American Presidents and Their Attitudes, Beliefs, and Actions Surrounding Education and Multiculturalism
Baptiste, H. Prentice, Sanchez, Rebecca, Multicultural Education
A Series of Research Studies in Educational Policy
Examining Presidents James Madison, Rutherford B. Hayes, and John F. Kennedy
In the role as Chief Executive, the President of the United States has a great deal of power in shaping the political, social, and economic developments of the nation. In the United States, the President has historically taken the 'Initiative" to lead the other two, equal branches of government into action (Schlesinger, 2002). Every aspect of American life has been influenced by the 43 Presidents of the nation (Schlesinger, 2002), education and multicultural education are examples of areas that have been impacted in different ways by the Presidents.
Multicultural education is the progressive yet reactionary result of years of racial tensions and inequalities in the United States (Leistyna, 2002). The goal of critical multicultural education is to analyze oppression and its structural sources, and at the same time develop students who can transform society into one that is culturally relativistic, where, "all cultures are valued equally," rather than focusing on assimilation (Leistyna, 2002). Furthermore, multicultural education promotes and exemplifies, "multiculturalism as a way of life" (Chavez-Chavez, 1998). Ultimately a goal of multicultural education is for equity to become "a characteristic of American mentality" so that the "practices of discrimination" can be eliminated (Boyer & Baptiste, 1996).
Presidents throughout our history have handled the complexities of diversity, education, and multiculturalism in different ways and the continuum of Presidential thought, philosophy, and action over more than two centuries has been and continues to be a contributing force in the current situation in America today. We tend to itemize and oversimplify historical periods by the major events of the time (Chavez-Chavez, 1998). Chavez-Chavez describes how behind the major events such as war or the Great Depression, to provide a couple of examples, social activism, oppression, and discrimination have also existed and are worthy of examination (1998). To embark on the noble effort of historical reclamation, Presidents, their respective administrations, and their impact on equality should be considered.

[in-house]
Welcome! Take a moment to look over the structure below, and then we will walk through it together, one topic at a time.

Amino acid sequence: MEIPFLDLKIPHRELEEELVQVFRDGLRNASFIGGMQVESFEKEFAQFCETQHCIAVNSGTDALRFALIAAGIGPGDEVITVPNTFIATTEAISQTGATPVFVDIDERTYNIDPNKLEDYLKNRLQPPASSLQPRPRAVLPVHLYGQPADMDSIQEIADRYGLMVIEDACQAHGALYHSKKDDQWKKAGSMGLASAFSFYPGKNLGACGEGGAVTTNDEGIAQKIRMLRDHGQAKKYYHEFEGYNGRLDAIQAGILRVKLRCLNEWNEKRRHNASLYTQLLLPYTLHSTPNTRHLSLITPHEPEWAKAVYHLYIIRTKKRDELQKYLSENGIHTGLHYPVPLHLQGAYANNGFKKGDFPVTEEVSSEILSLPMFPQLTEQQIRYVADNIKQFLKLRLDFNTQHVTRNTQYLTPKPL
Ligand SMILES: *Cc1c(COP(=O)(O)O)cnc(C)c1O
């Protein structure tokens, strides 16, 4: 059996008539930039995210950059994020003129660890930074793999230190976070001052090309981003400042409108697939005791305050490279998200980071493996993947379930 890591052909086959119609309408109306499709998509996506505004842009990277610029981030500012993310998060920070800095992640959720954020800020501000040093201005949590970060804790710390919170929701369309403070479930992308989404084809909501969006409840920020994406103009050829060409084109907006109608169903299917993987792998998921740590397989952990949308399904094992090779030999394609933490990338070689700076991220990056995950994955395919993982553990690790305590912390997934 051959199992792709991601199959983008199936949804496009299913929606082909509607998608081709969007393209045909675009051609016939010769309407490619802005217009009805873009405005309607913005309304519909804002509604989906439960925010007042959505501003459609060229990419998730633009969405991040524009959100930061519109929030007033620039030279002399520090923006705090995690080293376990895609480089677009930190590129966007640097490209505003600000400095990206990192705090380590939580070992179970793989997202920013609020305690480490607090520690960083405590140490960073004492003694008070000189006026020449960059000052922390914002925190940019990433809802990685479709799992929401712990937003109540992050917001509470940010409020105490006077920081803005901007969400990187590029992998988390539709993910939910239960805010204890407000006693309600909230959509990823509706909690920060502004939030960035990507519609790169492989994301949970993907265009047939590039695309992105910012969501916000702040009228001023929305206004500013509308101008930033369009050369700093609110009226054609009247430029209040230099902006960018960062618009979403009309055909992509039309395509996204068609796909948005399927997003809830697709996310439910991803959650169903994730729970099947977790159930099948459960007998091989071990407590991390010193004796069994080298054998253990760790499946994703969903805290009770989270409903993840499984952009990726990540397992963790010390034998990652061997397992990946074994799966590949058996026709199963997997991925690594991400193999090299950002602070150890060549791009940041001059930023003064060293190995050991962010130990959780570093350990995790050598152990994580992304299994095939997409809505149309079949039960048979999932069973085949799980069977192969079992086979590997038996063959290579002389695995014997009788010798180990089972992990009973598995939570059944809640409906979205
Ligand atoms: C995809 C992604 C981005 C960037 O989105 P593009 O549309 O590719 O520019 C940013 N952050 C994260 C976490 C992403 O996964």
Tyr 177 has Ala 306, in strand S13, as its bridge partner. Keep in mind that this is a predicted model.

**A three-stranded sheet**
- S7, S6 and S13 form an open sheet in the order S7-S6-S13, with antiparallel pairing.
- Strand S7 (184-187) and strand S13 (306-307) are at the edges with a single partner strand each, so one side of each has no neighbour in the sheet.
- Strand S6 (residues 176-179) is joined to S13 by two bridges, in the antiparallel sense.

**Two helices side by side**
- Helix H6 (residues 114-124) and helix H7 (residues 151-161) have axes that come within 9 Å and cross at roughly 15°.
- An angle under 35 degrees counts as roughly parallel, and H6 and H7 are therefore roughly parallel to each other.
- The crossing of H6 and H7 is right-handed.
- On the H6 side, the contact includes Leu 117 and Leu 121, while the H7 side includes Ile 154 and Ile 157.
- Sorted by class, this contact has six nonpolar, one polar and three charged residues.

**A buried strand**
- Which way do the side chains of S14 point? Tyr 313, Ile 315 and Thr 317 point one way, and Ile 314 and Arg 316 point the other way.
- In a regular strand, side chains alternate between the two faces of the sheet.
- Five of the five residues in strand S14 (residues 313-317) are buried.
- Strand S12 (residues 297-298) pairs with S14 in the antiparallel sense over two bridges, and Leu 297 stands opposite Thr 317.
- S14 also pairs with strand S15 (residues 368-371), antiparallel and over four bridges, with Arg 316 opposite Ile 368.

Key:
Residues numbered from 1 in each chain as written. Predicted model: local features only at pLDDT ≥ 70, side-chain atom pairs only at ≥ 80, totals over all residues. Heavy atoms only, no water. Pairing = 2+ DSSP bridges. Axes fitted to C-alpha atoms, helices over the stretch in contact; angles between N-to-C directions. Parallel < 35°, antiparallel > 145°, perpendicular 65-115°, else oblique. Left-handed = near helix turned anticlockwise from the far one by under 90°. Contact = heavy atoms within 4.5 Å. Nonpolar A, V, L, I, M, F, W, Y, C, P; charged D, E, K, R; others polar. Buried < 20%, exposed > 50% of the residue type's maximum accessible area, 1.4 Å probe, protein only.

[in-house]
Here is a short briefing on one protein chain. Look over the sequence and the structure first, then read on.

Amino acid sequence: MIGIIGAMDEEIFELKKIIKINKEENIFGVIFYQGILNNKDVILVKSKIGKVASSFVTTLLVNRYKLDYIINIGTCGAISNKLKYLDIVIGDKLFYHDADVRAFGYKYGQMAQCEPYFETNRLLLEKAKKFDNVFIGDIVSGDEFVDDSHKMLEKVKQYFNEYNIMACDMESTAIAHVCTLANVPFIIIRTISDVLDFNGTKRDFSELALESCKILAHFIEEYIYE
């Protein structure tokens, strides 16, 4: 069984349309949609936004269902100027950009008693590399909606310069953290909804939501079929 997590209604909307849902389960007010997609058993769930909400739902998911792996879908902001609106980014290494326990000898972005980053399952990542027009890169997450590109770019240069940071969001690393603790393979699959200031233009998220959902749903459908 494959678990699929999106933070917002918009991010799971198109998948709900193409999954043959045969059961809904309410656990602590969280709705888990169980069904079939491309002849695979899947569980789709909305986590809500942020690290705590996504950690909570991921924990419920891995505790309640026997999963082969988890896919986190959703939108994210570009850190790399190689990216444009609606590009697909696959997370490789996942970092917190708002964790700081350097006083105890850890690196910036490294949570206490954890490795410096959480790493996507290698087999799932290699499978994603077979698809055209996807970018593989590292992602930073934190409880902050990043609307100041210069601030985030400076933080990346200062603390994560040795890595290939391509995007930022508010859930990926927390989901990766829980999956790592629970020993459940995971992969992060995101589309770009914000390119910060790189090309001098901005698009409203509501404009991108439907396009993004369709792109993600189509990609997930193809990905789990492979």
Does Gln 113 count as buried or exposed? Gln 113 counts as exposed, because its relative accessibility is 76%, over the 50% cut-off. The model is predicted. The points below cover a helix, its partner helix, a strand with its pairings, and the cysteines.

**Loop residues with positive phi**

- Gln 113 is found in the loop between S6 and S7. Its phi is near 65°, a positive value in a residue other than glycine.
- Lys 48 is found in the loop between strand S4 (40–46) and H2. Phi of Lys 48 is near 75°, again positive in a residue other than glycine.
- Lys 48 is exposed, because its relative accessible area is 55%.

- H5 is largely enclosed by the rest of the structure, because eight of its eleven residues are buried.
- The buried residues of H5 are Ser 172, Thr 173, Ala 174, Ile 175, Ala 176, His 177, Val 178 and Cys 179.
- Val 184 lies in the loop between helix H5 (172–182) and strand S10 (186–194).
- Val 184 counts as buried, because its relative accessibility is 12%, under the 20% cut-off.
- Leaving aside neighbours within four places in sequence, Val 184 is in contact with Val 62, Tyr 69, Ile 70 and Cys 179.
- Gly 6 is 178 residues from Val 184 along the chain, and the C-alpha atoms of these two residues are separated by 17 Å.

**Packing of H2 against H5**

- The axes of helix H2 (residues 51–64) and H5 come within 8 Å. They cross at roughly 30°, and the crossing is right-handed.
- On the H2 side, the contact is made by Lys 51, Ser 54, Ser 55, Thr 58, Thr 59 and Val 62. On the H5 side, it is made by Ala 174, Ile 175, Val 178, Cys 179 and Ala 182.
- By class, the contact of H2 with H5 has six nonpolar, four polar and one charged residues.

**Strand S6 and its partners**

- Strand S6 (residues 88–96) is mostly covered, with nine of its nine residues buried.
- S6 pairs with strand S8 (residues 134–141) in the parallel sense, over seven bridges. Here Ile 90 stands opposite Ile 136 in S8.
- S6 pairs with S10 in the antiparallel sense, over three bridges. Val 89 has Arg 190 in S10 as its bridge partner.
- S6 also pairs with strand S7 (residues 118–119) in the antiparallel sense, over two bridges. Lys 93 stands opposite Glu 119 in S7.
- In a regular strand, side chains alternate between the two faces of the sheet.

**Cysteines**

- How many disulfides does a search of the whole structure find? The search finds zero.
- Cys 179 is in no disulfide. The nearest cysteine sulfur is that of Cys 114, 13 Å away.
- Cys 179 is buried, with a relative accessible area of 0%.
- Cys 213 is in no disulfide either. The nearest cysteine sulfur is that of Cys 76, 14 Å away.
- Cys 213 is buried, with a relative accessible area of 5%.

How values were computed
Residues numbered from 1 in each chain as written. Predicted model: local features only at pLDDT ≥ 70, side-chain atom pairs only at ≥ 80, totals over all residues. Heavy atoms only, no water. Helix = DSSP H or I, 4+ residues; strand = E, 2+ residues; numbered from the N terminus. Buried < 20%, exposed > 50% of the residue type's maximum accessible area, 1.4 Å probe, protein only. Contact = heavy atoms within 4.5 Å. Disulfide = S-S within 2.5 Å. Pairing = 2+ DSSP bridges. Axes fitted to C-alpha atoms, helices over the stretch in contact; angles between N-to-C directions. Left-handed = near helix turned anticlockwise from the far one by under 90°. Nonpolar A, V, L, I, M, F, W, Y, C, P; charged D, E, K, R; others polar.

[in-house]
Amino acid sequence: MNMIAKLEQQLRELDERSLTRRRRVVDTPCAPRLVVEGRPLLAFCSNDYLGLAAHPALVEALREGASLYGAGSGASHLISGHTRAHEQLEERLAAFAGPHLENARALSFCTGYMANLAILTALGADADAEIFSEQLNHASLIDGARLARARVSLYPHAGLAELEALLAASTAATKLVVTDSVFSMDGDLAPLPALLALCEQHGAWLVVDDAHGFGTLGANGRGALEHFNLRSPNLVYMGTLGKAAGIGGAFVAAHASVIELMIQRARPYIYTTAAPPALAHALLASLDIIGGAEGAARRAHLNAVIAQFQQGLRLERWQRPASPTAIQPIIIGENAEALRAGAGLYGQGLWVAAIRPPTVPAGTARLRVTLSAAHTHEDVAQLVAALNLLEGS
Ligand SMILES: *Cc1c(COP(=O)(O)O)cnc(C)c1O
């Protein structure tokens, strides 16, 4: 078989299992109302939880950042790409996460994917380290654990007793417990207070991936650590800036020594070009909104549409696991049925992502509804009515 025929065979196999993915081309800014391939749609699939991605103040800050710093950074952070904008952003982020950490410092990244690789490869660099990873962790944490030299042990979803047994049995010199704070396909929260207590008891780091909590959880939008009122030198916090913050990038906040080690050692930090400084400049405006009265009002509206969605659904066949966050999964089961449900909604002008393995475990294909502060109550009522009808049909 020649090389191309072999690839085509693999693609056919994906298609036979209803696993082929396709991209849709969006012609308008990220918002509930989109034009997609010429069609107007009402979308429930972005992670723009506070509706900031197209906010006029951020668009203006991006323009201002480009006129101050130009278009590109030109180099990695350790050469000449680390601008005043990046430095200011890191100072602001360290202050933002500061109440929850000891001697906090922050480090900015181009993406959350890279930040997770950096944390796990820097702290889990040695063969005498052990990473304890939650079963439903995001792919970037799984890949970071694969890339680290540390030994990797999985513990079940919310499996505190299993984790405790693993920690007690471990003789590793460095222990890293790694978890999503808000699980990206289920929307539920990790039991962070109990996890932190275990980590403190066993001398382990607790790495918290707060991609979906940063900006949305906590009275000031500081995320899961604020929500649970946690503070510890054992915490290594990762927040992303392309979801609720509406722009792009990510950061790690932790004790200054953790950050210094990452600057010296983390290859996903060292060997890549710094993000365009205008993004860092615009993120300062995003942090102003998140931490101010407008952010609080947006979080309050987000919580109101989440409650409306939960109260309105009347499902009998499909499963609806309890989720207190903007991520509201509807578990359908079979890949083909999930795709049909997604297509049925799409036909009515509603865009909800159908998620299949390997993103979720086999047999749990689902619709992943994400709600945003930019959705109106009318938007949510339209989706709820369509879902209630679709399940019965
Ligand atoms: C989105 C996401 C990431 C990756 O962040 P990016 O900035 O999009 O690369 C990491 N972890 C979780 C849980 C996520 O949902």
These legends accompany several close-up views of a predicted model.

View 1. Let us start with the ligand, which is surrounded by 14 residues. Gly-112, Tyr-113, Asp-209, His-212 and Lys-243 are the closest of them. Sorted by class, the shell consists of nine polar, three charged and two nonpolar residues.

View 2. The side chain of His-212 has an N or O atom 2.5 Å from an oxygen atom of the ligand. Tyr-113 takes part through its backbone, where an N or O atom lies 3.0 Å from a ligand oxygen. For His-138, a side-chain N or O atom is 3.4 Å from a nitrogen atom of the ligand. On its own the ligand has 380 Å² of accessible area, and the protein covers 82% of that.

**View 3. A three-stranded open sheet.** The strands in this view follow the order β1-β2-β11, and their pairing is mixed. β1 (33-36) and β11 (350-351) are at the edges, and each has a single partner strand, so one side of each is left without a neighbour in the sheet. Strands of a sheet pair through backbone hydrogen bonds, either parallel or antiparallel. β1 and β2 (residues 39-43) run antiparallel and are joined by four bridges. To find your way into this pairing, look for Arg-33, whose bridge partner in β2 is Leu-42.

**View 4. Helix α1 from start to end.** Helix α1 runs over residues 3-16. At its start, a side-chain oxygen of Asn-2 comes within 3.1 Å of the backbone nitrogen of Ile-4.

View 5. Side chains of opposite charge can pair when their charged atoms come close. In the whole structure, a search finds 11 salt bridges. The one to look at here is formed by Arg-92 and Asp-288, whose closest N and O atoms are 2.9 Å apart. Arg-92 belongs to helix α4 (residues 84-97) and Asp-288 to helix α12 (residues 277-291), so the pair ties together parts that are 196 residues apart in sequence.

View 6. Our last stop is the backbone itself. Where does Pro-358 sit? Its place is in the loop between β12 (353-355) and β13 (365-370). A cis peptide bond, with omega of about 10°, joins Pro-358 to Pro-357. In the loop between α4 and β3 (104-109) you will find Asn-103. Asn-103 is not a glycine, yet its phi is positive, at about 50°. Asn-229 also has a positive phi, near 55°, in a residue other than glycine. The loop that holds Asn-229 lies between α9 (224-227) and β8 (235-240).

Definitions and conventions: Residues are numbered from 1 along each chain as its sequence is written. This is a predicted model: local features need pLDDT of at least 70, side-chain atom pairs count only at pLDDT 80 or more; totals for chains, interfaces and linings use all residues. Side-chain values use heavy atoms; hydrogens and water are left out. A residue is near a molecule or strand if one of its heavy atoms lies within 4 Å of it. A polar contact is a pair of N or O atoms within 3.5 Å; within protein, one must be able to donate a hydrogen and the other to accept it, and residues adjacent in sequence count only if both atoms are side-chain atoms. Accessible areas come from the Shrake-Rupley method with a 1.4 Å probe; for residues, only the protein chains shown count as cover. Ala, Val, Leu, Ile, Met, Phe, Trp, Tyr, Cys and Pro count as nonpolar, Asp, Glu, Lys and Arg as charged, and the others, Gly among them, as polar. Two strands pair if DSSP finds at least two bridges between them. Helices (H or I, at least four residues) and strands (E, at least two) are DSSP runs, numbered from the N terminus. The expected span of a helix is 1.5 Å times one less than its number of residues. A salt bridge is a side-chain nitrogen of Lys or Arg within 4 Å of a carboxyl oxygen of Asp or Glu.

It is also important to note however, from a multiculturalists perspective, that the targeted group of this study, the American Presidents, are perhaps one of the most privileged and elite groups in existence. Therefore it should be noted that the nature of the presidency itself is entrenched in the very real system of white privilege. In spite of this system of white privilege, some presidents have philosophically or publicly supported a more equal society for all.
For example, at the Constitutional Convention, James Madison wrote portions of the Constitution dealing with freedom and liberty (Wills, 2002, Wilkins, 2000). In his diaries, Rutherford B. Hayes wrote extensively about equality, education, and the just distribution of power, money, and resources (Williams, 1964). In televised speeches, John F. Kennedy reflected on the need to respect and enforce the Constitutional guarantees of freedom and equality to all. He also publicly supported the Civil Rights movement (Dallek, 2003).
Thus, Presidents Madison, Hayes, and Kennedy made profound contributions in the area of equality for the citizenry (Wills, 2002, Trefousse, 2002, Giglio, 1991). They also had strong views about the importance of education in a democratic society (Hoogenboom, 1988, Rutland, 1990, Giglio, 2002). In their treatment of issues surrounding equality, each of them deferred heavily to the Constitution of the United States (Wills, 2002, Trefousse, 2002, Schlesinger, 1965). In this way, the powerful words, and the guaranteed rights and freedoms described in the Constitution of the United States served as a guiding force for each of these Presidents. …